The legal standards for determining trademark fair use may shift when we move from a descriptive or commercial use into a creative use.  In the United States, creative works are protected as free speech by the First Amendment.  Because of that protection for the whole work, even the title of the work, a balancing act must occur between the rights of the trademark owner and the First Amendment rights that arise in the creative work.  Rogers v. Grimaldi, 875 F.2d 994 (2d Cir. 1989).  If the court determines there is a likelihood of consumer confusion, it will then balance the trademark rights against the freedom of expression rights.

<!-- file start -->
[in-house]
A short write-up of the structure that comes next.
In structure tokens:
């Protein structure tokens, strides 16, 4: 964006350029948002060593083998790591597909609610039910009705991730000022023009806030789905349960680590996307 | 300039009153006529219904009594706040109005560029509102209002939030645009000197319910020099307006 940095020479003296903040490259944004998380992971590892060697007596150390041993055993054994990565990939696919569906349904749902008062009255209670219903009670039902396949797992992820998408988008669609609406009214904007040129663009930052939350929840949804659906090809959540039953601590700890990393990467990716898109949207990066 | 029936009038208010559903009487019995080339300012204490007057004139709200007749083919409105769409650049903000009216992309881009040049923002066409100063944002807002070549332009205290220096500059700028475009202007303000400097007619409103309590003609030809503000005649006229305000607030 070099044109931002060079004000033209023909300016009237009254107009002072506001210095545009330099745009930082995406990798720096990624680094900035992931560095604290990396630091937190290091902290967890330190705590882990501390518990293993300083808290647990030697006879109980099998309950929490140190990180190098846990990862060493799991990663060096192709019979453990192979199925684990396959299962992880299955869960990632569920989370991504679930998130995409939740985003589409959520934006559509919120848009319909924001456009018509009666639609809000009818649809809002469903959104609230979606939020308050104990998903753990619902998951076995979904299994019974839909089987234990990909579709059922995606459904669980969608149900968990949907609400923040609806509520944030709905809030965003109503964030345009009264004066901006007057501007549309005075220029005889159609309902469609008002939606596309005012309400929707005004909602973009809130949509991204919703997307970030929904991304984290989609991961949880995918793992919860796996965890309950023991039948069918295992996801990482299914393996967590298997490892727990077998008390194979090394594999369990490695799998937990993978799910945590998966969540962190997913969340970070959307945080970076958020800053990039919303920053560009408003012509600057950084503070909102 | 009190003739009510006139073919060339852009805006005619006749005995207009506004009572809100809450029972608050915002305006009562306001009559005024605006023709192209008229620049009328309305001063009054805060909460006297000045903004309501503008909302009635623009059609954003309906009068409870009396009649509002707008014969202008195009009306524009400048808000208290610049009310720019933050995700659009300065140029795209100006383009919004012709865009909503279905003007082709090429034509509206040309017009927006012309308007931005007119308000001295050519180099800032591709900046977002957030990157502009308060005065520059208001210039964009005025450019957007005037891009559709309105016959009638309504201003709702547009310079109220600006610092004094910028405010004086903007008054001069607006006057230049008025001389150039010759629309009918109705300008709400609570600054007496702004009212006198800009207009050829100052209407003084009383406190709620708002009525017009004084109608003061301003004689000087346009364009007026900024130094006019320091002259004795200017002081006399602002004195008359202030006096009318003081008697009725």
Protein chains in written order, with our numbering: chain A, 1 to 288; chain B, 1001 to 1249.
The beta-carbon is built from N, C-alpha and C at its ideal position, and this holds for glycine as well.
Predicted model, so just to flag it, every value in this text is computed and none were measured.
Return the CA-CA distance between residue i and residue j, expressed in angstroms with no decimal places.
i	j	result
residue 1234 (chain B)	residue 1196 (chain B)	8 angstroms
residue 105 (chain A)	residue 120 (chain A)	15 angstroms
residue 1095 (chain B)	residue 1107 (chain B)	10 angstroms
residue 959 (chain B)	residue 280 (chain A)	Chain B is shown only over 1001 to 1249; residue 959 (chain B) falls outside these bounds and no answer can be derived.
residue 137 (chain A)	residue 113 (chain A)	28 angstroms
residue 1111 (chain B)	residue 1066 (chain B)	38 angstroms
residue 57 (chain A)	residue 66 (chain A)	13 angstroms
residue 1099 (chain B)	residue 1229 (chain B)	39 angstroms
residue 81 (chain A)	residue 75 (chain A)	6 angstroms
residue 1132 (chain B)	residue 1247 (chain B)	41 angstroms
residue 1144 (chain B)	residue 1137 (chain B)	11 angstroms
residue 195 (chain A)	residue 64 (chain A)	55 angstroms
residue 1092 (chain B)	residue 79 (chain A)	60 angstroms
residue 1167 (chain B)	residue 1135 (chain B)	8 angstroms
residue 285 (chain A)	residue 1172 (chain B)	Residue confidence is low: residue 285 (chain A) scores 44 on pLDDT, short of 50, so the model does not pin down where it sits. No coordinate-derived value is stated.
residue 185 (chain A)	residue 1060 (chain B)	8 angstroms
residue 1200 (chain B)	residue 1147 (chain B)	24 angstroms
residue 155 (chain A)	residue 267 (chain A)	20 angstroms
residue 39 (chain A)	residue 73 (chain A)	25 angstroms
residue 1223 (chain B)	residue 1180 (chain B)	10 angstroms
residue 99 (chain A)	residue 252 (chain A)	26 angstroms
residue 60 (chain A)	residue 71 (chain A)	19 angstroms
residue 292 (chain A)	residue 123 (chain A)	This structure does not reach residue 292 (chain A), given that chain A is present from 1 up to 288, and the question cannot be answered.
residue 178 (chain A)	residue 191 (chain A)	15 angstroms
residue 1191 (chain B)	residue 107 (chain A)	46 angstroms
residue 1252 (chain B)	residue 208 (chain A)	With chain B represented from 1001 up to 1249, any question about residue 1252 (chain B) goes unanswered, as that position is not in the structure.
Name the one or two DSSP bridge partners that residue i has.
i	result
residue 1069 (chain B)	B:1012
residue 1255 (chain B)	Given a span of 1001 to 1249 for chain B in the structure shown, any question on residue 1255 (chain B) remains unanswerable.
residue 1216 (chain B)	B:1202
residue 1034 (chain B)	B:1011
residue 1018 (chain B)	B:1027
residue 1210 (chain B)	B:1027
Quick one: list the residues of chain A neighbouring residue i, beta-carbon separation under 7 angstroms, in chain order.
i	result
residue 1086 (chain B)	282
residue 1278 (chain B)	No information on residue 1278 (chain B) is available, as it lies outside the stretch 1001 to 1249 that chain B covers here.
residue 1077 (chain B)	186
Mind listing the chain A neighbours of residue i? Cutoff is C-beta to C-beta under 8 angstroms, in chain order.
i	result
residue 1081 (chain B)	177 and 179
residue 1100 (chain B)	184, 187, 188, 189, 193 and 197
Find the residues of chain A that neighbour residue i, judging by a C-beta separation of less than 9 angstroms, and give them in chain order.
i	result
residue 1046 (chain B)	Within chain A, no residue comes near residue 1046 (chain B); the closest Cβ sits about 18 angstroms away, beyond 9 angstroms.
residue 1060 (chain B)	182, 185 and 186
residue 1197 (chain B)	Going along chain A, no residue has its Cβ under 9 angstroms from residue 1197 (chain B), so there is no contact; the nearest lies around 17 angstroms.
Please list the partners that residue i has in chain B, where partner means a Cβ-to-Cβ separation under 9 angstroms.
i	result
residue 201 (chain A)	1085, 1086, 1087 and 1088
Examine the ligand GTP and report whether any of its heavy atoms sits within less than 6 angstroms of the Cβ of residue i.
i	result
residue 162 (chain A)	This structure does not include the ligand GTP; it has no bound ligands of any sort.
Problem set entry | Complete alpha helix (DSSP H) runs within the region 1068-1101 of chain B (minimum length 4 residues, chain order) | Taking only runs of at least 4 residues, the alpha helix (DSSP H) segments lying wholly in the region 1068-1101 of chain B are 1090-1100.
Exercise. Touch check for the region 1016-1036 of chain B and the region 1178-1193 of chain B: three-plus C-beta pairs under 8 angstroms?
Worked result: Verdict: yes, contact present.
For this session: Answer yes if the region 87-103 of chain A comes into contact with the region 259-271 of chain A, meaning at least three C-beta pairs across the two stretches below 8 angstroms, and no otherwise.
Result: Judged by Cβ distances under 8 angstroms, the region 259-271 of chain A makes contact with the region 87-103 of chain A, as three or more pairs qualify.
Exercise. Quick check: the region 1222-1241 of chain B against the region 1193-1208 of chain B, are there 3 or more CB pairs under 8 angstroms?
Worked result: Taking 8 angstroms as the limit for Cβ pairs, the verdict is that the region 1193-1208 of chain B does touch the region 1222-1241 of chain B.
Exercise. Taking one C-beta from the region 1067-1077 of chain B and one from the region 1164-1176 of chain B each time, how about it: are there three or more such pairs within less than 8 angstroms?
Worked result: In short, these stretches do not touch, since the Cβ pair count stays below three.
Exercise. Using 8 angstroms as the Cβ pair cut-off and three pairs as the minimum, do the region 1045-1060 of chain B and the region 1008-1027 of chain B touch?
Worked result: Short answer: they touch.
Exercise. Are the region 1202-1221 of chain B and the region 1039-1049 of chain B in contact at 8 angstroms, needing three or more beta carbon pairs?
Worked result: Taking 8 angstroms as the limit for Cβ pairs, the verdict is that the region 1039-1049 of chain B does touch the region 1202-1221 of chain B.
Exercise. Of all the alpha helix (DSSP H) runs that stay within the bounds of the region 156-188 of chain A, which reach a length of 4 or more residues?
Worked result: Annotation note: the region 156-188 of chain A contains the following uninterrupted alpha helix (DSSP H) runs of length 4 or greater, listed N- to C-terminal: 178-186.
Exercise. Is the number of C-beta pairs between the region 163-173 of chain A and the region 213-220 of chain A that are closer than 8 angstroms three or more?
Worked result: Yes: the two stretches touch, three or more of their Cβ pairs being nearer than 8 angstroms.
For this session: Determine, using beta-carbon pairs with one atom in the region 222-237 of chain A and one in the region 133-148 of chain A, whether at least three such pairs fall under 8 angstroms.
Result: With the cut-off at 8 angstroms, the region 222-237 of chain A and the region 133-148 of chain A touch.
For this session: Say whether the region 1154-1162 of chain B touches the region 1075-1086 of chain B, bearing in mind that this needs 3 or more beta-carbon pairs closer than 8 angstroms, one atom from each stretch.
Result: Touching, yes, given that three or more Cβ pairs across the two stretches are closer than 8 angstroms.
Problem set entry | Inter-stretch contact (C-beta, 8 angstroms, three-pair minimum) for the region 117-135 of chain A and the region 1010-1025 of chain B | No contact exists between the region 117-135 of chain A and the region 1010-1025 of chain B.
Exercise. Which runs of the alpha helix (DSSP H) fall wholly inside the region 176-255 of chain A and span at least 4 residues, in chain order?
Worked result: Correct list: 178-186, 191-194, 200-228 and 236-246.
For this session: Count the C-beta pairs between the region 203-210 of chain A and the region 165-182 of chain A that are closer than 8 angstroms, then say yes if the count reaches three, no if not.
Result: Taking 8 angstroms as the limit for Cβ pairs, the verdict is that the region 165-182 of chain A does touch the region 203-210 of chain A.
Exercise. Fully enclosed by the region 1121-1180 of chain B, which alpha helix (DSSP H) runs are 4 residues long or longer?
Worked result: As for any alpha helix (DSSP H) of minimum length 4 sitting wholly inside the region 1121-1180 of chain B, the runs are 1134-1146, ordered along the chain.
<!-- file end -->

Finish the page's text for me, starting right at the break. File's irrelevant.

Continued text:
The Rogers test arises from a question of whether or not a title to a film infringes upon the trademark and personality rights of a famous person while balancing First Amendment rights.

What is that standard when we are talking about expressive works? The test used by multiple circuits (originally in the 2nd Circuit, but later adopted by courts in the 7th, 9th and 11th Circuits) is the two-prong Rogers test:  1) whether the use of the third-party trademark has artistic relevance; and 2) if so, is it deliberately misleading as to the source or content of the work.  Rogers and the cases adopting its holding have consistently framed the applicable standard in terms of confusion as to the defendant's artistic work as a whole and not solely the alleged use of the defendant’s trademark.  Louis Vuitton Mallatier v. Warner Bros., 868 F. Supp. 2d 172, 179 (S.D.N.Y. 2012).  Expressive works include art work, motion pictures, songs and books.